Money & Banking

ICICI Bank to tweak lending strategy, step up monitoring

Beena Parmar Mumbai | Updated on January 24, 2018 Published on June 04, 2015

NS Kannan, Executive Director

Plans to restart special vertical to tackle rising bad loans





Amidst a rise in bad loans and weak asset quality in the fourth quarter of FY15, ICICI Bank plans to tweak its lending strategy with tighter and higher committee-level monitoring.

NS Kannan, Executive Director, ICICI Bank, said, “If you look at the deterioration in asset quality, stress has been seen in the EPC (engineering, procurement and construction ) or construction space, where there are lots of receivables, things have got delayed which, in turn, has put pressure on those construction companies…. That is one sector, where one has to be a bit careful in terms of lending, going forward.”

On corporate loan quality, the bank is moving towards a better rating mix by focusing on lending to higher-rated corporates. ICICI Bank posted its lowest profit growth in 21 quarters in the January-March quarter. Its net profit grew 10 per cent to ₹2,922 crore in the reporting quarter, amidst sharp rise in provisions towards bad loans.

Slippages from restructured loans also increased.

The bank plans to look at the overall concentration risk in its restructured loans where there is some lumpiness in terms of one or two assets. “If they slip they create a bit of volatility in the provision. We would aim to minimise a similar situation going forward,” Kannan said at a conference call with investors.

“Incrementally, we are looking at tighter concentration thresholds so that anything above, say, a particular number gets highlighted and escalated to the higher level committees. These are the three ways in which we are trying to address the issue,” he added.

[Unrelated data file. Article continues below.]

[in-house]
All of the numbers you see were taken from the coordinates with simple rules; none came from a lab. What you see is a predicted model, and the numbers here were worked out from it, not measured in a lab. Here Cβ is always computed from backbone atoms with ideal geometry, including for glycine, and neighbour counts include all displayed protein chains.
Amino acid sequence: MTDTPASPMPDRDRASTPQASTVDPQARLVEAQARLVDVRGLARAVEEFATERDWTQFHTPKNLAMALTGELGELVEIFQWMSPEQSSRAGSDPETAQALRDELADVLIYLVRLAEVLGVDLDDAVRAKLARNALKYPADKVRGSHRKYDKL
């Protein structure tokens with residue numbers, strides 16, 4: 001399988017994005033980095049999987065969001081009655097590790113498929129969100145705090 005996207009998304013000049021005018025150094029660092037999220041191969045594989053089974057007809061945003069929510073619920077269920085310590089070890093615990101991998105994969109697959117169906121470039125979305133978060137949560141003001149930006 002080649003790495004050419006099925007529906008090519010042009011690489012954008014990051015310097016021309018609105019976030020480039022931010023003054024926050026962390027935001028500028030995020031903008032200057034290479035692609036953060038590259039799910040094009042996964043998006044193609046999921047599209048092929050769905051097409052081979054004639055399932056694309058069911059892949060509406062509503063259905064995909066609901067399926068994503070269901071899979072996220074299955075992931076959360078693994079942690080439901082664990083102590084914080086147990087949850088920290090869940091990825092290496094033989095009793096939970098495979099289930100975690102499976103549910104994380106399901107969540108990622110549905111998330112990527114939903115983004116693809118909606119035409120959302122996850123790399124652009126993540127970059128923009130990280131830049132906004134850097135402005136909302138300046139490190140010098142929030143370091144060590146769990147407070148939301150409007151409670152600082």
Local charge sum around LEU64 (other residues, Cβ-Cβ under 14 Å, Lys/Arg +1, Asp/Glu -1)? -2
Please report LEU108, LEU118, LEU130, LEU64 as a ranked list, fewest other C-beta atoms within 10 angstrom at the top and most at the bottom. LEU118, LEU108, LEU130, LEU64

According to reports, the private bank plans to restart its special vertical to tackle worsening of such assets. Apparently, after being operational for five years, the vertical was closed down in 2005.

Credit ratings

In addition, it will look at the “credit ratings carefully, and may stipulate, in some cases, an additional security because such companies are asset-light companies. We will not stop, but we would be a bit more selective in terms of our financing,” Kannan said.

Gross non-performing assets (NPA) rose 75 basis points year-on-year (up 38 bps sequentially) to 3.78 per cent and net NPA was up 64 bps y-o-y (up 34 bps q-o-q) to 1.61 per cent during the quarter, due to higher restructured assets.

Briefing reporters after announcement of the fourth quarter results, Chanda Kochhar, CEO and MD, ICICI Bank, had said, “I would believe that FY15 was probably in that sense the peak as far as the addition to NPA and restructured assets is concerned as well as credit cost…Much of the addition to bad loans was from assets that were already troubled and had been restructured and not due to new problem assets.”

All this impacted ICICI Bank’s share price which dipped by 8.06 per cent during the week, its biggest weekly drop since the 8.7 per cent fall in early February and the 9.5-per cent fall in mid-July 2013. On Thursday, it ended weaker by 1.7 per cent to ₹290.85 a share.

The bank will continue to be selective while lending to the corporate and SME sectors and expects to sustain domestic loan growth in the range of 18-20 per cent, driven by about 25 per cent growth in the retail segment. In the domestic corporate portfolio, it expects growth of 10-15 per cent.

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Published on June 04, 2015
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